Investigations of the dynamic amino acid networks in the alpha-subunit of tryptophan synthase

Open Access
Author:
Axe, Jennifer Michelle
Graduate Program:
Chemistry
Degree:
Doctor of Philosophy
Document Type:
Dissertation
Date of Defense:
December 15, 2014
Committee Members:
  • David D Boehr, Dissertation Advisor
  • Squire J Booker, Committee Member
  • Scott A Showalter, Committee Member
  • William O Hancock, Committee Member
Keywords:
  • tryptophan synthase
  • NMR
  • CHESCA
  • amino acid networks
Abstract:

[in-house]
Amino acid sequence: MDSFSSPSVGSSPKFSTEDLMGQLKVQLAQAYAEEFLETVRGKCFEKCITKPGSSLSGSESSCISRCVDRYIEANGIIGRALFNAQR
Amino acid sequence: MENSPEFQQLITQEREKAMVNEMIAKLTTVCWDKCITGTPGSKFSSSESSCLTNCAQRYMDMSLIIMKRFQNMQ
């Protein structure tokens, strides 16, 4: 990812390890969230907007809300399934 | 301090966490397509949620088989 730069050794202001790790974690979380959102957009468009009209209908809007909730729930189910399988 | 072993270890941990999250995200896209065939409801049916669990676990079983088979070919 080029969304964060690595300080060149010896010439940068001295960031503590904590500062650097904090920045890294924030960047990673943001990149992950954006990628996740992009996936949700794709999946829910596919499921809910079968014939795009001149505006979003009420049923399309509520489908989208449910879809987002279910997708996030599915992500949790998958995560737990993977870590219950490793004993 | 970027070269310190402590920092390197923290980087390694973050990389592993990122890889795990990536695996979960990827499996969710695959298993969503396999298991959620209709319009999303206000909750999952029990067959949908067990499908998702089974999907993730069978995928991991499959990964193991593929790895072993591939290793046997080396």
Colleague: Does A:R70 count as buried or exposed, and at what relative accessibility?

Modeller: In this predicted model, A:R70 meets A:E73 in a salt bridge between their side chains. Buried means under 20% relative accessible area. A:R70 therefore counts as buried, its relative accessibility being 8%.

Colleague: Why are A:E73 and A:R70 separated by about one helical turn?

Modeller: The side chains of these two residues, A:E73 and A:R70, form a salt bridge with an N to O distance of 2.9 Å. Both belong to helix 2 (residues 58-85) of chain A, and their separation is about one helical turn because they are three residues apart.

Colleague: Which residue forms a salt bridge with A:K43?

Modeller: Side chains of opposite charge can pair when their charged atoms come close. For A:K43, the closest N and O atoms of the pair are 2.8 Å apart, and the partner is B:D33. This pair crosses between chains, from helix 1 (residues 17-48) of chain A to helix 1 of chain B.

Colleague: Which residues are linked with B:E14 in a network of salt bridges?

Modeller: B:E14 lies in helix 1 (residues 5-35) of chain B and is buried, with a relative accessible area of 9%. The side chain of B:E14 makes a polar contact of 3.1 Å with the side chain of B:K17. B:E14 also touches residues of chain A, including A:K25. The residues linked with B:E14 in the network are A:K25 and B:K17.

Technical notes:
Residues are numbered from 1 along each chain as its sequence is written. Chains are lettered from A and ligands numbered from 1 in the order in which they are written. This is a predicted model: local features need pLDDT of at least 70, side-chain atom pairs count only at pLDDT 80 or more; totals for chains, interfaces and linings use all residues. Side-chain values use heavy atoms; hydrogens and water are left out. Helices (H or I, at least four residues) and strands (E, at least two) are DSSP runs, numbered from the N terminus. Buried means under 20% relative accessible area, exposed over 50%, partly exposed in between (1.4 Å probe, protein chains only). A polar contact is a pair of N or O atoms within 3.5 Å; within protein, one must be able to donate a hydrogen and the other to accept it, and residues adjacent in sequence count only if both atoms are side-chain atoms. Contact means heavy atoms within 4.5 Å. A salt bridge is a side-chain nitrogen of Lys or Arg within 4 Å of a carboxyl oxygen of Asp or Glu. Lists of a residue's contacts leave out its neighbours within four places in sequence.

Amino acid networks are a series of noncovalent interactions between residues that can span from surface-exposed residues to those deep in the active site of the protein. These amino acid networks, or ‘sectors’, have been proposed to be intrinsic to all proteins, and to play a key role in protein allostery. Current methods of identification of networks include computationally-based and experimentally-based methods, though only the latter have the ability to probe amino acid networks under a variety of ligand-bound conditions. A recently developed NMR-based technique is known as the CHEmical Shift Covariance Analysis (CHESCA) method was used to identify and characterize the amino acid networks in isolated α-subunits of tryptophan synthase (αTS). Tryptophan synthase (TS) has long been studied for the intersubunit communication observed between the α- and β-subunits (βTS) as well as the intramolecular channel connecting the two active sites. The conformational states of the two subunits are highly synchronized and it is possible that this extensive intersubunit communication is the result of the amino acid networks connecting αTS and βTS. The use of αTS as the system allowed for the study of the enzyme under working conditions (i.e. while undergoing active catalytic turnover) and under resting conditions (i.e. while in the apo state), as well as two other, single ligand-bound states, revealing the ligand-dependency of the αTS amino acid networks. Most importantly, two clusters of residues were identified in each state and the catalytic residue, Glu49, switches clusters only in the working state. Additionally, the T183V substitution severs crucial hydrogen bonds between the dynamic β2α2 and β6α6 loops. This disruption appears to prevent the cluster switch of Glu49 and results in a 14-fold decrease in catalytic efficiency. These results suggest that amino acid networks play a crucial role in catalysis and association with the correct cluster is key to enzyme function.